Irritant contact dermatitis is caused by the non–immune-modulated irritation of the skin by a substance, leading to skin changes. Allergic contact dermatitis is a delayed hypersensitivity reaction in which a foreign substance comes into contact with the skin; skin changes occur after reexposure to the substance.
What does irritant contact dermatitis look like?
Dermatitis often appears as a well-demarcated red patch with a glazed surface, but there may be swelling, blistering and scaling of the damaged area, indistinguishable from other types of dermatitis. It can be very itchy. Contact irritant dermatitis can appear differently according to the conditions of exposure.
How can you tell the difference between contact dermatitis and atopic dermatitis?
Atopic dermatitis is a chronic skin condition characterized by inflammation of the skin (dermatitis). Most cases of atopic dermatitis are thought to occur due to a combination of genetic and environmental factors. Contact dermatitis develops when the skin comes in contact with something that triggers a reaction.
How is allergic contact dermatitis diagnosed?
Your doctor may be able to diagnose contact dermatitis and identify its cause by talking to you about your signs and symptoms, questioning you to uncover clues about the trigger substance, and examining your skin to note the pattern and intensity of your rash.
Does irritant contact dermatitis go away?
Most cases of contact dermatitis go away on their own once the substance is no longer in contact with the skin. Here are some tips you can try at home: Avoid scratching your irritated skin. Scratching can make the irritation worse or even cause a skin infection that requires antibiotics.
How long does it take for irritant contact dermatitis to go away?
Advertisement. To treat contact dermatitis successfully, you need to identify and avoid the cause of your reaction. If you can avoid the offending substance, the rash usually clears up in two to four weeks. You can try soothing your skin with cool, wet compresses, anti-itch creams and other self-care steps.
What is the best cream for contact dermatitis?
Anti-itch creams that contain aloe or calendula, natural ingredients that are anti-inflammatory agents, can ease itchiness and control inflammation. Some popular OTC brands include Aveeno, Cortizone-10, Lanacane, Gold Bond, and Caladryl.
What vitamins help with dermatitis?
Vitamin B12 cream: 1 study found it helped reduce eczema in adults. Vitamin D: Possibly helpful during the winter. Vitamin E: Mild positive effect. Zinc: Failed to make a difference.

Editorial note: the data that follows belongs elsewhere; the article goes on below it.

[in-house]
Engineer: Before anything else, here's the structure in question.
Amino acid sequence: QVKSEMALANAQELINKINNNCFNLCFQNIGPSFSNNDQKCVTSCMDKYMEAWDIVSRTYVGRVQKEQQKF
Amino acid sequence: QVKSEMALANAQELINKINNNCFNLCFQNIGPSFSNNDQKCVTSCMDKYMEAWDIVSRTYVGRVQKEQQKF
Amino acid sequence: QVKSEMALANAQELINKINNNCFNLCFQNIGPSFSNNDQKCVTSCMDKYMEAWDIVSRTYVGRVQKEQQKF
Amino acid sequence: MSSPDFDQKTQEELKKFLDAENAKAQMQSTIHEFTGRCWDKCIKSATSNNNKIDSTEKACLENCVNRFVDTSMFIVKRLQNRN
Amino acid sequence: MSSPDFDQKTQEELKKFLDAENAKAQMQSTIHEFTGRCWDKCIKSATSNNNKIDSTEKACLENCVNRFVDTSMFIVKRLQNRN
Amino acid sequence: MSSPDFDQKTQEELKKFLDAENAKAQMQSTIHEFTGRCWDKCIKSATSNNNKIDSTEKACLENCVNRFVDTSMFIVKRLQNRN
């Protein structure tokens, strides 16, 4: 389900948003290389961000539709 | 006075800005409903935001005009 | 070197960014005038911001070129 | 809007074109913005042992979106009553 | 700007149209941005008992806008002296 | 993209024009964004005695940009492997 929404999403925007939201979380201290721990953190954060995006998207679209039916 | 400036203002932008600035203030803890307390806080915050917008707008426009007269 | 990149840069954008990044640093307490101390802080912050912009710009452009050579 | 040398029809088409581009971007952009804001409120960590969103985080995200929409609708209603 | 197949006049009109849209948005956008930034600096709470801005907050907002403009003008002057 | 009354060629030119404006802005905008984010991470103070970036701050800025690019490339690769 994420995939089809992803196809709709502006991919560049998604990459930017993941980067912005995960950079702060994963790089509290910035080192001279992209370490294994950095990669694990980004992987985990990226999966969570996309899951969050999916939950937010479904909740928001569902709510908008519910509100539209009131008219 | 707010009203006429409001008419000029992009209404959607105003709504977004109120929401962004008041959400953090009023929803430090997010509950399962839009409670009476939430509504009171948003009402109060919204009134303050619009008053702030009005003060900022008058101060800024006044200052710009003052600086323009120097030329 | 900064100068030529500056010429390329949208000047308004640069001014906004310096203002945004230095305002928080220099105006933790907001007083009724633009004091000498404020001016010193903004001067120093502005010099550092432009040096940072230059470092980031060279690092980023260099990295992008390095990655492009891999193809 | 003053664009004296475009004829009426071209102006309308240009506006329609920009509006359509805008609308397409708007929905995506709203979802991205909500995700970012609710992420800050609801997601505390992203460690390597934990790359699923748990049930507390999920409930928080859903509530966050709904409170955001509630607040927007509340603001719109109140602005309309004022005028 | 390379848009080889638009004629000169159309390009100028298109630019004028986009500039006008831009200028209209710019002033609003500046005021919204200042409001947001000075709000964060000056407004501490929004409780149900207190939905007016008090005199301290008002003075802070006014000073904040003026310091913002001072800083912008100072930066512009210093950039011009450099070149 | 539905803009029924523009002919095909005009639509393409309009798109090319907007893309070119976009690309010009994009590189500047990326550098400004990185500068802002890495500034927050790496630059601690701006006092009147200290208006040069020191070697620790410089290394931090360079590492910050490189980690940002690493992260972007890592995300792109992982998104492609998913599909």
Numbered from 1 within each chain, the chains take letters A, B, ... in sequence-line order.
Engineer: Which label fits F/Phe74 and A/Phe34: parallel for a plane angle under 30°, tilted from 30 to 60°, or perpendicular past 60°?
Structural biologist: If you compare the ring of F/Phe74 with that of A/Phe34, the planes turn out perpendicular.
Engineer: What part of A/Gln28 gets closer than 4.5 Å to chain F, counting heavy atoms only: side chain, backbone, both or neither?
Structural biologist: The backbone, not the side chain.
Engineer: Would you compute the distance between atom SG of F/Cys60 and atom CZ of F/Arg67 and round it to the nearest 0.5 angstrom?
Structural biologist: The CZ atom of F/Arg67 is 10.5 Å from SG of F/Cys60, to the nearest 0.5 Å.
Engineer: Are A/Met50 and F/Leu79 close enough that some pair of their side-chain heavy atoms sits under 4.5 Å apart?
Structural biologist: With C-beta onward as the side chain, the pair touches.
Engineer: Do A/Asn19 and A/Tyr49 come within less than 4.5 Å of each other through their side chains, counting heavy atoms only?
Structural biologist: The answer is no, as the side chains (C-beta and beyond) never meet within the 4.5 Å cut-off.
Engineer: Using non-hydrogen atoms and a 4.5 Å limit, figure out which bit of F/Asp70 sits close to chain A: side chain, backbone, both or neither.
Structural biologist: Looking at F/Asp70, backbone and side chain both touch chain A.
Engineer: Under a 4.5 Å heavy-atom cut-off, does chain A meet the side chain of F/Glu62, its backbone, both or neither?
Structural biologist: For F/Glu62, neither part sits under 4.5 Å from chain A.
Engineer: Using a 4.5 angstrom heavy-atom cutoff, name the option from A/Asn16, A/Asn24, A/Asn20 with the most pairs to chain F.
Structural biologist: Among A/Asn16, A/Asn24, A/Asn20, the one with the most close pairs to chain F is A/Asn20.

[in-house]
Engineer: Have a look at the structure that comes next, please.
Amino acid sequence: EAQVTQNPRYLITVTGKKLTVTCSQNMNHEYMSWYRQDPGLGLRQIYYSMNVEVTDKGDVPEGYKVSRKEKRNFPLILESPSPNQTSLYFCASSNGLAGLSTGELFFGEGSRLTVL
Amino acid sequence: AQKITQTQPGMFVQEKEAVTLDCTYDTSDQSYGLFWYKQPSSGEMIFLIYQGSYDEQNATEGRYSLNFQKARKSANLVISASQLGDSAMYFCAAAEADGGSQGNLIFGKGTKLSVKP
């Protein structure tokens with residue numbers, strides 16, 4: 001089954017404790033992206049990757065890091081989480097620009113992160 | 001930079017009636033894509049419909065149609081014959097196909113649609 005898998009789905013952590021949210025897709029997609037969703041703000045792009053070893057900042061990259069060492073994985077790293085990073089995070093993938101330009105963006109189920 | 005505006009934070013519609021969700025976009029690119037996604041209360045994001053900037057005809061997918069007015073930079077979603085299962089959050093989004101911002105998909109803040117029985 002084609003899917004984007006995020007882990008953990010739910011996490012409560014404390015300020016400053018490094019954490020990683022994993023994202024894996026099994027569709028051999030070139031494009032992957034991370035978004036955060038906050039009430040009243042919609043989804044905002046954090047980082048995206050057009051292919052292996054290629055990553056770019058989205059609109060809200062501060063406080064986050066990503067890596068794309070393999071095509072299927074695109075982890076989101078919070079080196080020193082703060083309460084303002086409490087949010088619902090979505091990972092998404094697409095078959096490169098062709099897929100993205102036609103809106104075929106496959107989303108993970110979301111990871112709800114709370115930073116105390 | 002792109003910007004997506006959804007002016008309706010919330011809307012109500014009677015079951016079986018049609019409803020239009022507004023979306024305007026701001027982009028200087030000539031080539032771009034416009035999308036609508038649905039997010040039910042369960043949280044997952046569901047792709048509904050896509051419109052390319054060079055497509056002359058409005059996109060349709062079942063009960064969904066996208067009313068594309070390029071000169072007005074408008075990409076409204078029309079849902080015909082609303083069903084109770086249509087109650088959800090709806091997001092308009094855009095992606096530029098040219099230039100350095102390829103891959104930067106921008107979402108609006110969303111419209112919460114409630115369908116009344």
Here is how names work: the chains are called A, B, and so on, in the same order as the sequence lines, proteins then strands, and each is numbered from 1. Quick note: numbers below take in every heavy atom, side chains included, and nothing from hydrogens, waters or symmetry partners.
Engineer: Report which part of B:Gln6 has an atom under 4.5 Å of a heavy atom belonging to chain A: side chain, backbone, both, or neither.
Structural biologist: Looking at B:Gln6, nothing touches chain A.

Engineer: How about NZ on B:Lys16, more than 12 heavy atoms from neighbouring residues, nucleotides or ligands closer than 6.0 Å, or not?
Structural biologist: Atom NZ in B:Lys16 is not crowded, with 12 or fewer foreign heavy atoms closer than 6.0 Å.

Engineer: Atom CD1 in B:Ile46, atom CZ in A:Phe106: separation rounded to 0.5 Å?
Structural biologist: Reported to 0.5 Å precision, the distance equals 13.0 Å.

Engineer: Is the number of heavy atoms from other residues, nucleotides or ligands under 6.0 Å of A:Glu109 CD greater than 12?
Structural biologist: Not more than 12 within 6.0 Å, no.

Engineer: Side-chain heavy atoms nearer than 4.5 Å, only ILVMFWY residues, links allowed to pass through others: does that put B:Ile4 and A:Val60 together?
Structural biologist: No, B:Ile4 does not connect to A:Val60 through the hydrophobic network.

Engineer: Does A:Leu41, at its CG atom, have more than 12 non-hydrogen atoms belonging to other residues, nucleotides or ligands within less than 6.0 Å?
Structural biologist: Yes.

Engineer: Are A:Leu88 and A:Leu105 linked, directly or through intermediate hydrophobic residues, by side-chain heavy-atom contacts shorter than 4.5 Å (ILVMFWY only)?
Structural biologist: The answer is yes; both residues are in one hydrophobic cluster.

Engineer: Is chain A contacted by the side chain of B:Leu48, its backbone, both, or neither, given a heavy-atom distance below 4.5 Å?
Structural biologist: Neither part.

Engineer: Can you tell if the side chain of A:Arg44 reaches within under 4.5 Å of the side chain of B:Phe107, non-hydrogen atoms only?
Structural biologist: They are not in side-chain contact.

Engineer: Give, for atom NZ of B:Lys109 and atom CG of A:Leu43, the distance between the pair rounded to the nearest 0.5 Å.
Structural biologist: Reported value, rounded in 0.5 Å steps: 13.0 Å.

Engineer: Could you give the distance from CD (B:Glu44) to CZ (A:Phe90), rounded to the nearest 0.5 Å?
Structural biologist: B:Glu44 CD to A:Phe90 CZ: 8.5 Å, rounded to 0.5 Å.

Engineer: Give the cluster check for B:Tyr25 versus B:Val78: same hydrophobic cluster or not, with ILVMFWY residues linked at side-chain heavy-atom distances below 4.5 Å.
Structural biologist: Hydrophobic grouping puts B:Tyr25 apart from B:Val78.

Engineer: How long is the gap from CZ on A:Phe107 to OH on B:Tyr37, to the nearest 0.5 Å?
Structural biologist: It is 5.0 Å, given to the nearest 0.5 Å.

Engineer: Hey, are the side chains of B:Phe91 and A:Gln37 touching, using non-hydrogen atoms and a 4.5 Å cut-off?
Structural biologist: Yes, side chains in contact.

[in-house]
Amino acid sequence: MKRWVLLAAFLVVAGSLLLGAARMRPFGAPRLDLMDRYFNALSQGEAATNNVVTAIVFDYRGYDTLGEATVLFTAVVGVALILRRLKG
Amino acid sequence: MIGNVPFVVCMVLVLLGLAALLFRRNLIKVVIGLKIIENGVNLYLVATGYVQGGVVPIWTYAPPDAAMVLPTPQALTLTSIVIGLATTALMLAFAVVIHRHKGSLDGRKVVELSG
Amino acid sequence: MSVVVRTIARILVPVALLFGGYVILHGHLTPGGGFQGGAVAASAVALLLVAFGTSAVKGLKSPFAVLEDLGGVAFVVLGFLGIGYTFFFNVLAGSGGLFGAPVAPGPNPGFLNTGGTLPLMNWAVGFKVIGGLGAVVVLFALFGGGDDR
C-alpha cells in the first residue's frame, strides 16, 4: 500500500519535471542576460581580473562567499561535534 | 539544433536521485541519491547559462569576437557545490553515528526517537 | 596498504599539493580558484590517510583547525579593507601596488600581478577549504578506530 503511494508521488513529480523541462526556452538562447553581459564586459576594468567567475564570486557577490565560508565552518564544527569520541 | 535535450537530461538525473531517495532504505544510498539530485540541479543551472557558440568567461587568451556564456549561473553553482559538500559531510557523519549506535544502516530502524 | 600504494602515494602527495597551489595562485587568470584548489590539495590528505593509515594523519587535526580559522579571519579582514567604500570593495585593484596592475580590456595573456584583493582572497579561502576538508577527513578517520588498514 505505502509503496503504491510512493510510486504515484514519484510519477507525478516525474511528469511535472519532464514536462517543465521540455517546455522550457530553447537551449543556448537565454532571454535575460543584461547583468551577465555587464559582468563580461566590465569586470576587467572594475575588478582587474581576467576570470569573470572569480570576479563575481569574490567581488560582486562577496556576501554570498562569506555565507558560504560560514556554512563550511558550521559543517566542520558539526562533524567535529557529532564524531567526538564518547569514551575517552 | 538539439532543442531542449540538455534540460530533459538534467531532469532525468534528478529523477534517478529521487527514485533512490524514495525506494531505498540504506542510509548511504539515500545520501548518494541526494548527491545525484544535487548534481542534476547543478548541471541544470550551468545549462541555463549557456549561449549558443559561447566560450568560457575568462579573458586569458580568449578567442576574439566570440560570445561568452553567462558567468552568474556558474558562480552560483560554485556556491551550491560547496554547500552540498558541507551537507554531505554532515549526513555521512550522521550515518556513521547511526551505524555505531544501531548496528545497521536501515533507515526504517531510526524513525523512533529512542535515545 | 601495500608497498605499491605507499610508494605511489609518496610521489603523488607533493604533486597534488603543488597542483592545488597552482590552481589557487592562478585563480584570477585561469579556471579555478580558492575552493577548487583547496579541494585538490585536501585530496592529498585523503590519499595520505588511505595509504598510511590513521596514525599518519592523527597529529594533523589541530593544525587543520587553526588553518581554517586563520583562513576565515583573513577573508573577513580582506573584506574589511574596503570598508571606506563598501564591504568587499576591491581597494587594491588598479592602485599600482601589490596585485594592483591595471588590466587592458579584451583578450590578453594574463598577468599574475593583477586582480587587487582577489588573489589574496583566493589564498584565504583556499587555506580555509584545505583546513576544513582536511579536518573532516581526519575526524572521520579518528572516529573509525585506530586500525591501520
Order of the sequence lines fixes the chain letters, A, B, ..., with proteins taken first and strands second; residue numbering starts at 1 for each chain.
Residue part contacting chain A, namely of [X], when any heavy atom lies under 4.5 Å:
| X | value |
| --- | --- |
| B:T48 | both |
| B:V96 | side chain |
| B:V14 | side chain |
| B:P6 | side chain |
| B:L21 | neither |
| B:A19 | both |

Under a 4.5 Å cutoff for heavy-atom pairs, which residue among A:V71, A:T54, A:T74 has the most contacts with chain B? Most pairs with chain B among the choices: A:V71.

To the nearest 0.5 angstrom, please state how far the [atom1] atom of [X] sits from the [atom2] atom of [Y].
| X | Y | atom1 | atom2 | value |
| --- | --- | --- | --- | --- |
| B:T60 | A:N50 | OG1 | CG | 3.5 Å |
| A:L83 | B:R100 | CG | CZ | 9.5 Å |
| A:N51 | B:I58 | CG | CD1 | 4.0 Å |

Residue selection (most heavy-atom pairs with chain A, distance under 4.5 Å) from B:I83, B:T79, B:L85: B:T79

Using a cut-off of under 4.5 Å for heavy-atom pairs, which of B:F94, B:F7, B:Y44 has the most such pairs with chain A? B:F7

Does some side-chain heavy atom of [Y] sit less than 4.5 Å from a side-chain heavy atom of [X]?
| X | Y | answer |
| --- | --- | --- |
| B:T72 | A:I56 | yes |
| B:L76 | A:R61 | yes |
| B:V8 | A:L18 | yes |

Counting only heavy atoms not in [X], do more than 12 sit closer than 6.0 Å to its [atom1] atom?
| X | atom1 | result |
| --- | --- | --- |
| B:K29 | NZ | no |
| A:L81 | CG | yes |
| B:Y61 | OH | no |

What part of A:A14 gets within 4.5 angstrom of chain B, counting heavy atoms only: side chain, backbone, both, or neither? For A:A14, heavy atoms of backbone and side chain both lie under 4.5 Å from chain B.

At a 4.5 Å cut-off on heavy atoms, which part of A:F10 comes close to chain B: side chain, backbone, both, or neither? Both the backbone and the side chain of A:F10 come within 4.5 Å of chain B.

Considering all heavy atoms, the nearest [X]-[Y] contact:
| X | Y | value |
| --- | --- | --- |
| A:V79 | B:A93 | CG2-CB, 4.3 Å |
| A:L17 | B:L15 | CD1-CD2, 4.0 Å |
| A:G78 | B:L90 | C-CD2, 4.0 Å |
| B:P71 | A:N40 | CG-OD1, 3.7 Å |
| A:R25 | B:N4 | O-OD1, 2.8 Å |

Why is my contact dermatitis spreading?
Allergic contact dermatitis frequently appears to spread over time. In fact, this represents delayed reactions to the allergens. Several factors may produce the false impression that the dermatitis is spreading or is contagious. Heavily contaminated areas may break out first, followed by areas of lesser exposure.
What is usually the first sign of dermatitis?
Usually beginning in infancy, this red, itchy rash usually occurs where the skin flexes — inside the elbows, behind the knees and in front of the neck. The rash may leak fluid when scratched and crust over. People with atopic dermatitis may experience improvement and then seasonal flare-ups. Contact dermatitis.
Is allergic contact dermatitis an immediate reaction?
It can take several days after exposure for an itchy, red rash to develop. Irritant contact dermatitis: This painful rash tends to come on quickly in response to an irritating substance.
What will a dermatologist do for contact dermatitis?
Medication and other treatments for contact dermatitis
Rash: Medication prescribed by your dermatologist that you apply to the rash. Rash that covers much of your skin: Medication that works throughout your body, such as prednisone. This medication can reduce the swelling and clear the rash.
What is the most common cause of allergic contact dermatitis?
Nickel. Nickel is the most frequent cause of allergic contact dermatitis.
What is the best treatment for dermatitis?
- Applying to the affected skin corticosteroid creams, gels or ointments.
- Applying to the affected skin certain creams or ointments that affect your immune system (calcineurin inhibitors)
- Exposing the affected area to controlled amounts of natural or artificial light (phototherapy)